Cheap superconducting circuits could also make it much more cost-effective to build single-photon detectors, an essential component of any information system that exploits the computational speedups promised by quantum computing.
Engineered to a T
The nanocryotron — or nTron — consists of a single layer of niobium nitride deposited on an insulator in a pattern that looks roughly like a capital “T.” But where the base of the T joins the crossbar, it tapers to only about one-tenth its width. Electrons sailing unimpeded through the base of the T are suddenly crushed together, producing heat, which radiates out into the crossbar and destroys the niobium nitride’s superconductivity.
A current applied to the base of the T can thus turn off a current flowing through the crossbar. That makes the circuit a switch, the basic component of a digital computer.
After the current in the base is turned off, the current in the crossbar will resume only after the junction cools back down. Since the superconductor is cooled by liquid helium, that doesn’t take long. But the circuits are unlikely to top the 1 gigahertz typical of today’s chips. Still, they could be useful for some lower-end applications where speed isn’t as important as energy efficiency.
Their most promising application, however, could be in making calculations performed by Josephson junctions accessible to the outside world. Josephson junctions use tiny currents that until now have required sensitive lab equipment to detect. They’re not strong enough to move data to a local memory chip, let alone to send a visual signal to a computer monitor.
In experiments, McCaughan demonstrated that currents even smaller than those found in Josephson-junction devices were adequate to switch the nTron from a conductive to a nonconductive state. And while the current in the base of the T can be small, the current passing through the crossbar could be much larger — large enough to carry information to other devices on a computer motherboard.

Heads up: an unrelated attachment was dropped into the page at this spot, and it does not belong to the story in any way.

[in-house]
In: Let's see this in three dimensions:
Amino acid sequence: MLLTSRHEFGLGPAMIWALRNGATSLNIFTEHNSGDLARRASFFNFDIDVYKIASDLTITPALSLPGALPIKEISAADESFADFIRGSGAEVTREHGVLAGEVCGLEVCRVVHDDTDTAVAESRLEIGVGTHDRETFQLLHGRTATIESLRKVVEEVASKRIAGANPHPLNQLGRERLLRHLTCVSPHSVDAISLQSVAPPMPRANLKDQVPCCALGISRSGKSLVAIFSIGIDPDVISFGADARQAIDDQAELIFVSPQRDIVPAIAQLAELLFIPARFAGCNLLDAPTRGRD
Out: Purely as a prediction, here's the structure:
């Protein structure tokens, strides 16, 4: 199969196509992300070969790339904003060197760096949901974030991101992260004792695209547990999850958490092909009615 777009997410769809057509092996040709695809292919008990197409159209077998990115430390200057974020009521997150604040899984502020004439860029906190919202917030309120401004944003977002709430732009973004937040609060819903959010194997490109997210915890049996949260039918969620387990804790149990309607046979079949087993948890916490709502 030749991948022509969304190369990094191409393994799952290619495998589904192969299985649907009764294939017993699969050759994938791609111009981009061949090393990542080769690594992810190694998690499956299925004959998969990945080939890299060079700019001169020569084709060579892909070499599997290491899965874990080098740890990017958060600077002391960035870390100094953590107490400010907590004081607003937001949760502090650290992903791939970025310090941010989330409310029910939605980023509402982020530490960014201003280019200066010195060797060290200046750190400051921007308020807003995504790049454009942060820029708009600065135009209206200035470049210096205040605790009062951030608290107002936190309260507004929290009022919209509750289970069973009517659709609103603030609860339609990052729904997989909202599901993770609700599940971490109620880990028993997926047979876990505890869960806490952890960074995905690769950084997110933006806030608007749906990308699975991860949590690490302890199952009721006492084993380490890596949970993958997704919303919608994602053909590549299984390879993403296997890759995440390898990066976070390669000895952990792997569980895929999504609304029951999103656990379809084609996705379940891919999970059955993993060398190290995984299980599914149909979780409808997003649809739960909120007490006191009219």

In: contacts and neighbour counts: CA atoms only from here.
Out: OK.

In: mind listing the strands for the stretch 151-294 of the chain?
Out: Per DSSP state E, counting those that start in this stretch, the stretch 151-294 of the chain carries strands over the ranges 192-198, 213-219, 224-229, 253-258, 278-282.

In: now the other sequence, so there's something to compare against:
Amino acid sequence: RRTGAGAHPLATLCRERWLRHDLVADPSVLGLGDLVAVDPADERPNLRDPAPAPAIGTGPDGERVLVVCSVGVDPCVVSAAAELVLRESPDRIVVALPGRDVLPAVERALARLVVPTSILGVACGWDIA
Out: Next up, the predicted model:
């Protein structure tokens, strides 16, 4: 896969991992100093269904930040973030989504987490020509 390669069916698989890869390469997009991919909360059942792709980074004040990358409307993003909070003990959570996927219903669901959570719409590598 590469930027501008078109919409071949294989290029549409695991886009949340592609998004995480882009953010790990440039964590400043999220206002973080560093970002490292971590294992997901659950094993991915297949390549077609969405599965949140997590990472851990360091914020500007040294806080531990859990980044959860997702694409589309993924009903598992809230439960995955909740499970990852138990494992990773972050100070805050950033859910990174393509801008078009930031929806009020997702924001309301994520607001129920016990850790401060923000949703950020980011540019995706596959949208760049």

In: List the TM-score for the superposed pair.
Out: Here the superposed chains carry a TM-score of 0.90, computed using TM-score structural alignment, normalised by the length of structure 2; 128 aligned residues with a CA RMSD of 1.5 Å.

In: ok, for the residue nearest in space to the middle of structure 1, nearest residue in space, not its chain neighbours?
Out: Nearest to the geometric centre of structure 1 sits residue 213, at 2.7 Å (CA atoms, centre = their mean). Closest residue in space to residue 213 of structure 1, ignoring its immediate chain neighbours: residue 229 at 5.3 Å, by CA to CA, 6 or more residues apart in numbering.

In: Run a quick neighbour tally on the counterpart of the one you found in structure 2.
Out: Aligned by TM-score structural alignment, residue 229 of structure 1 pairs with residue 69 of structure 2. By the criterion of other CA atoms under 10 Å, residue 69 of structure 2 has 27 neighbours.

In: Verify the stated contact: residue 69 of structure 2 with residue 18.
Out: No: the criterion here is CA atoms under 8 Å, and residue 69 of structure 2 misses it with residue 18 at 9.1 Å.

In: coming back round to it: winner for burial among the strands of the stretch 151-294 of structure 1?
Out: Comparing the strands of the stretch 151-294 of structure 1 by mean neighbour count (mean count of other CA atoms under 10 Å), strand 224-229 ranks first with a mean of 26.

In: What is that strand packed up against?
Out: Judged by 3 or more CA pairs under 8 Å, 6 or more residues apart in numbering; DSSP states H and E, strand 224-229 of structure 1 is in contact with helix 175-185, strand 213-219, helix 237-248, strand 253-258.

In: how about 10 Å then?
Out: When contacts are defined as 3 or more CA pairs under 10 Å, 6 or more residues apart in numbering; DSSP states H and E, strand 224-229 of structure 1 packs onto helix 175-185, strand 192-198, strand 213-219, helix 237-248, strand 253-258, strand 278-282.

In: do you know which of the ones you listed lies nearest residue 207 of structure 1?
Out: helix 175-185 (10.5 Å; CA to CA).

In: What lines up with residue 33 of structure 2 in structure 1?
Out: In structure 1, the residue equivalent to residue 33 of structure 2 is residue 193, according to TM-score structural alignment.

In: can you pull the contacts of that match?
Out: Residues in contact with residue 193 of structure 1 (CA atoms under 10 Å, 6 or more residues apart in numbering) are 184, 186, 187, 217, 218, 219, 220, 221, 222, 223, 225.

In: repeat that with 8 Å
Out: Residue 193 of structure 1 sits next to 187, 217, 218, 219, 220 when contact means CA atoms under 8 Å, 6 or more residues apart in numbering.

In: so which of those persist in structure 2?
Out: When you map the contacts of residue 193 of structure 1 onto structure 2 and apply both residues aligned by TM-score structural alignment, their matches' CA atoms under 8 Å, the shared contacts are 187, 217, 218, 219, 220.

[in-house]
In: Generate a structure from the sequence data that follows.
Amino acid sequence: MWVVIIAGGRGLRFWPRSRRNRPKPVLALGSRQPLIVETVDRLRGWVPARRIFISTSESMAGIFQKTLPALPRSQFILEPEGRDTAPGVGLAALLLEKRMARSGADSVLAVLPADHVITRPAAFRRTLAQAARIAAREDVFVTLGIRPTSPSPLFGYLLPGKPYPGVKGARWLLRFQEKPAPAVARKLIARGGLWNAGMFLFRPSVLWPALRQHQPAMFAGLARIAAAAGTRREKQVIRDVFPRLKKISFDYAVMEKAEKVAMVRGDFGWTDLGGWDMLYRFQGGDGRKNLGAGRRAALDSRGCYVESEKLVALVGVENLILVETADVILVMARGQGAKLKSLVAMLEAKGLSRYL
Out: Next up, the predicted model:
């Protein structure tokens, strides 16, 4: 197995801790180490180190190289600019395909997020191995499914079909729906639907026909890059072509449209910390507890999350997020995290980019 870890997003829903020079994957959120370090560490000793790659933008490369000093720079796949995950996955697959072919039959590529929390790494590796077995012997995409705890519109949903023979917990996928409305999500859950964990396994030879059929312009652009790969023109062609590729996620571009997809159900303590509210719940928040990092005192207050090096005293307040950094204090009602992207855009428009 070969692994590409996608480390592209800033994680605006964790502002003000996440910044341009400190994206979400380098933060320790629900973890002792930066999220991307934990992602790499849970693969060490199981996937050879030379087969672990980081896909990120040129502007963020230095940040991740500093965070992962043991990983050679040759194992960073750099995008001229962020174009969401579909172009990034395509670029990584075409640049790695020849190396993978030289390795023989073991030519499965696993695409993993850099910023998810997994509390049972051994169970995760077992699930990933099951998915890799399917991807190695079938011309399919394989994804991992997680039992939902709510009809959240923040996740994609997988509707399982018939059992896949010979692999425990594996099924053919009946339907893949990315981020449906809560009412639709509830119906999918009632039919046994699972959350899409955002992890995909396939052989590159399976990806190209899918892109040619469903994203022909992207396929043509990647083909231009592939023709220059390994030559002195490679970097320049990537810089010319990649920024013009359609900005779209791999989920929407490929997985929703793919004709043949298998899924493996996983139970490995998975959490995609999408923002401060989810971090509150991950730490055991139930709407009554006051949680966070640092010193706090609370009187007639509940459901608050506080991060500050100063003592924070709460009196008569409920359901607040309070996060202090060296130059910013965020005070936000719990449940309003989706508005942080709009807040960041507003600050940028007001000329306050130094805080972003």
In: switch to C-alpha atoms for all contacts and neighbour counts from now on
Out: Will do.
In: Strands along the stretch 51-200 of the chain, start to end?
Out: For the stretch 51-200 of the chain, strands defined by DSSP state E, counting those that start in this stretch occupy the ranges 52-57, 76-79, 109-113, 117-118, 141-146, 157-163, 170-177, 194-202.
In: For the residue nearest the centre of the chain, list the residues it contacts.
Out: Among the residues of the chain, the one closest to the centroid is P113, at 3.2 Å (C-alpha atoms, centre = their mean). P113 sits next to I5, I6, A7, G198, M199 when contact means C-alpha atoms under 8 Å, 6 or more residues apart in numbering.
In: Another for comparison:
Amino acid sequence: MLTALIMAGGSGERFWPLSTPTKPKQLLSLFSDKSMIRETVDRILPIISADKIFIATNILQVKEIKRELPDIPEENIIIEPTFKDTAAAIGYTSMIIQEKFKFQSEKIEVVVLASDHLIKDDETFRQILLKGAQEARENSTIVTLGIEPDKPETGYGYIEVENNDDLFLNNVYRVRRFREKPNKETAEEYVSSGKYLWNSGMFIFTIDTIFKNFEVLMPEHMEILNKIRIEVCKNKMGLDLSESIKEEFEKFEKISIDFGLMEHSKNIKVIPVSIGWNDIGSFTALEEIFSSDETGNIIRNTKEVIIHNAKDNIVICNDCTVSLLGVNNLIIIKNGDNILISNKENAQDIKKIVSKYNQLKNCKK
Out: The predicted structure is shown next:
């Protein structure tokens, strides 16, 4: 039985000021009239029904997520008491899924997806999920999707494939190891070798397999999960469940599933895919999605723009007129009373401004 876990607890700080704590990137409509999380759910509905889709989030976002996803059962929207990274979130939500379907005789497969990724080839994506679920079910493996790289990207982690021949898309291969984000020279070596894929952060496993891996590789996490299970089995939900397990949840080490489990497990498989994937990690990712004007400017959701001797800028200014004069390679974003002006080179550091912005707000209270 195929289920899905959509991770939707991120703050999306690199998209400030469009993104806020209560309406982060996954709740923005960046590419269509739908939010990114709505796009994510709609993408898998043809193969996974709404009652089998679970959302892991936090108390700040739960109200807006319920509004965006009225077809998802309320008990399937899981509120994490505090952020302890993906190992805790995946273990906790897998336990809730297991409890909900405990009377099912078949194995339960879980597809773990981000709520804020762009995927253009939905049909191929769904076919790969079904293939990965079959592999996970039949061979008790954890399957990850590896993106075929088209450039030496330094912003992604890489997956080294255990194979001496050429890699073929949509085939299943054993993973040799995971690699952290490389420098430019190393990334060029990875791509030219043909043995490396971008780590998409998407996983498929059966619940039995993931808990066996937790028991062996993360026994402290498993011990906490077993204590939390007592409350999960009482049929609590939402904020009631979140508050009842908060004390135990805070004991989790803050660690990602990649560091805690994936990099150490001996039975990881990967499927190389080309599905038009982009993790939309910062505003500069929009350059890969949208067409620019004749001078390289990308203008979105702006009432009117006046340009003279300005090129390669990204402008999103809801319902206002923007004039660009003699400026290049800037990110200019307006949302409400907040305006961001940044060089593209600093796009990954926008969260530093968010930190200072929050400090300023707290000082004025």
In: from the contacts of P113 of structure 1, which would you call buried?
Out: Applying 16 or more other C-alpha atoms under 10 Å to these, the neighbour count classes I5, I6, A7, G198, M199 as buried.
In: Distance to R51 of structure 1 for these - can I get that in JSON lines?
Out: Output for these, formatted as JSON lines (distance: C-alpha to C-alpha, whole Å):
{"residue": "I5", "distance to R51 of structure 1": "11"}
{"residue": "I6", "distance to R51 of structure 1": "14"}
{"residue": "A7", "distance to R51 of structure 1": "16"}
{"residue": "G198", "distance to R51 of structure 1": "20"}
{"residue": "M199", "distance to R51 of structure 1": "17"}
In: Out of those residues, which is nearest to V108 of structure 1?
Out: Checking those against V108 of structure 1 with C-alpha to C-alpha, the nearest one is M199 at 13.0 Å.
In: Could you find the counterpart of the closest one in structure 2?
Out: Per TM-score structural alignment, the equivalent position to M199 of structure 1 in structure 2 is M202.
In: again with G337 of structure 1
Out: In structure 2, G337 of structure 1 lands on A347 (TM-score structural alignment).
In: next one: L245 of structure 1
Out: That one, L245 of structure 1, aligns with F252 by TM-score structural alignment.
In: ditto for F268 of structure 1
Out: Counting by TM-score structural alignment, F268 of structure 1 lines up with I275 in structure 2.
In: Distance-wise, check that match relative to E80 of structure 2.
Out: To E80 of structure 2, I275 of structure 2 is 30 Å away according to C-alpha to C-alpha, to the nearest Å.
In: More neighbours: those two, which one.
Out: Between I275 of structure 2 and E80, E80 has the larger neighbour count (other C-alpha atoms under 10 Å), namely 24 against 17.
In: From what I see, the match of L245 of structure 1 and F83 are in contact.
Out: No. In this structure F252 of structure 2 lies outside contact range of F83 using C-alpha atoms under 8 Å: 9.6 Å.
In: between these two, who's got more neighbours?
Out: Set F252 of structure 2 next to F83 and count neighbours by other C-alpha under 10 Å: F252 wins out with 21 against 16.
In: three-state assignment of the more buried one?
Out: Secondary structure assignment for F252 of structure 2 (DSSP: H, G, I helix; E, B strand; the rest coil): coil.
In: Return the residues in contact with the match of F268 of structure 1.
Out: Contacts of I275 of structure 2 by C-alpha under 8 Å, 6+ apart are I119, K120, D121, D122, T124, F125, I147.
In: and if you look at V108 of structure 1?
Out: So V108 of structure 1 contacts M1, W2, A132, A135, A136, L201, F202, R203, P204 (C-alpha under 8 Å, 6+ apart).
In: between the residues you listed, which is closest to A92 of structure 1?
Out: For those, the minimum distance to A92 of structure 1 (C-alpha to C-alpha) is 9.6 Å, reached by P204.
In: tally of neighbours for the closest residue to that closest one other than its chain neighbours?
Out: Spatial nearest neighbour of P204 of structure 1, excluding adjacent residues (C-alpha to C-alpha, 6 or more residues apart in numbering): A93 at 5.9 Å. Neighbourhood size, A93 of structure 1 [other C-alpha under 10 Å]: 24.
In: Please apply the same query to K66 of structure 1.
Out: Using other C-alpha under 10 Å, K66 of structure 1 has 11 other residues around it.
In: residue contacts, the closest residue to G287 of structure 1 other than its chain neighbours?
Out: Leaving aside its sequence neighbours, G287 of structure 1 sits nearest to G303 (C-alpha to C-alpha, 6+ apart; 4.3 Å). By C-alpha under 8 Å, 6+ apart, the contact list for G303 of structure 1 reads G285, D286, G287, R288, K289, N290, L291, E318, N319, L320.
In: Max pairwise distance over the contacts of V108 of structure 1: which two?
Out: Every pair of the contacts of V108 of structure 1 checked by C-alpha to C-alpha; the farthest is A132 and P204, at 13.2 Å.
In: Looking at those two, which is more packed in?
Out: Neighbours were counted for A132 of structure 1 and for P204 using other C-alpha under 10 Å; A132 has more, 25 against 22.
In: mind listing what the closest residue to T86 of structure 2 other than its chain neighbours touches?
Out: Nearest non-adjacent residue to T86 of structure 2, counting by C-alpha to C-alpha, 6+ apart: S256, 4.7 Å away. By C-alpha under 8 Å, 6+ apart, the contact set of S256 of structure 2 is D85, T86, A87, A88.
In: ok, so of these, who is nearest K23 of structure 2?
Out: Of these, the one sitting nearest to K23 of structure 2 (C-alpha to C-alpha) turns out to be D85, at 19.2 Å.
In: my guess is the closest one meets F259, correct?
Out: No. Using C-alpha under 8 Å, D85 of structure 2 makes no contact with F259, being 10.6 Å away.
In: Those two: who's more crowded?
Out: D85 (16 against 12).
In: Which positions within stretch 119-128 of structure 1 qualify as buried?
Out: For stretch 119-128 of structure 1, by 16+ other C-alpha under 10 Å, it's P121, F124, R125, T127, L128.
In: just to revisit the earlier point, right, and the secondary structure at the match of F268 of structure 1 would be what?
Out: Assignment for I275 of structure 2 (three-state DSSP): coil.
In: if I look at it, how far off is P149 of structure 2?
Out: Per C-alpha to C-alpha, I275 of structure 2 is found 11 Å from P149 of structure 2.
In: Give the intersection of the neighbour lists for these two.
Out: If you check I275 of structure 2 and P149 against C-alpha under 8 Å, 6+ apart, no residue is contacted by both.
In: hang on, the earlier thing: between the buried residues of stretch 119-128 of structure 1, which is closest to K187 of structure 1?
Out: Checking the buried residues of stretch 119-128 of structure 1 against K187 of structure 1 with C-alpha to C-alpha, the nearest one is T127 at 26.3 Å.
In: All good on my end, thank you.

“I think this is a great device,” says Oleg Mukhanov, chief technology officer of Hypres, a superconducting-electronics company whose products rely on Josephson junctions. “We are currently looking very seriously at the nTron for use in memory.”
“There are several attractions of this device,” Mukhanov says. “First, it’s very compact, because after all, it’s a nanowire. One of the problems with Josephson junctions is that they are big. If you compare them with CMOS transistors, they’re just physically bigger. The second is that Josephson junctions are two-terminal devices. Semiconductor transistors are three-terminal, and that’s a big advantage. Similarly, nTrons are three-terminal devices.”
“As far as memory is concerned,” Mukhanov adds, “one of the features that also attracts us is that we plan to integrate it with magnetoresistive spintronic devices, mRAM, magnetic random-access memories, at room temperature. And one of the features of these devices is that they are high-impedance. They are in the kilo-ohms range, and if you look at Josephson junctions, they are just a few ohms. So there is a big mismatch, which makes it very difficult from an electrical-engineering standpoint to match these two devices. NTrons are nanowire devices, so they’re high-impedance, too. They’re naturally compatible with the magnetoresistive elements.”
Some other Research
In a hybrid superconducting-magnetic device, two order parameters compete, with one type of order suppressing the other. Recent interest in ultra-low-power, high-density cryogenic memories has spurred new efforts to simultaneously exploit superconducting and magnetic properties so as to create novel switching elements having these two competing orders. Here we describe a reconfigurable two-layer magnetic spin valve integrated within a Josephson junction. Our measurements separate the suppression in the superconducting coupling due to the exchange field in the magnetic layers, which causes depairing of the supercurrent, from the suppression due to the stray magnetic field. The exchange field suppression of the superconducting order parameter is a tunable and switchable behaviour that is also scalable to nanometer device dimensions. These devices demonstrate non-volatile, size-independent switching of Josephson coupling, in magnitude as well as phase, and they may enable practical nanoscale superconducting memory devices.
SOURCES – IARPA, MIT
Brian Wang is a Futurist Thought Leader and a popular Science blogger with 1 million readers per month. His blog Nextbigfuture.com is ranked #1 Science News Blog. It covers many disruptive technology and trends including Space, Robotics, Artificial Intelligence, Medicine, Anti-aging Biotechnology, and Nanotechnology.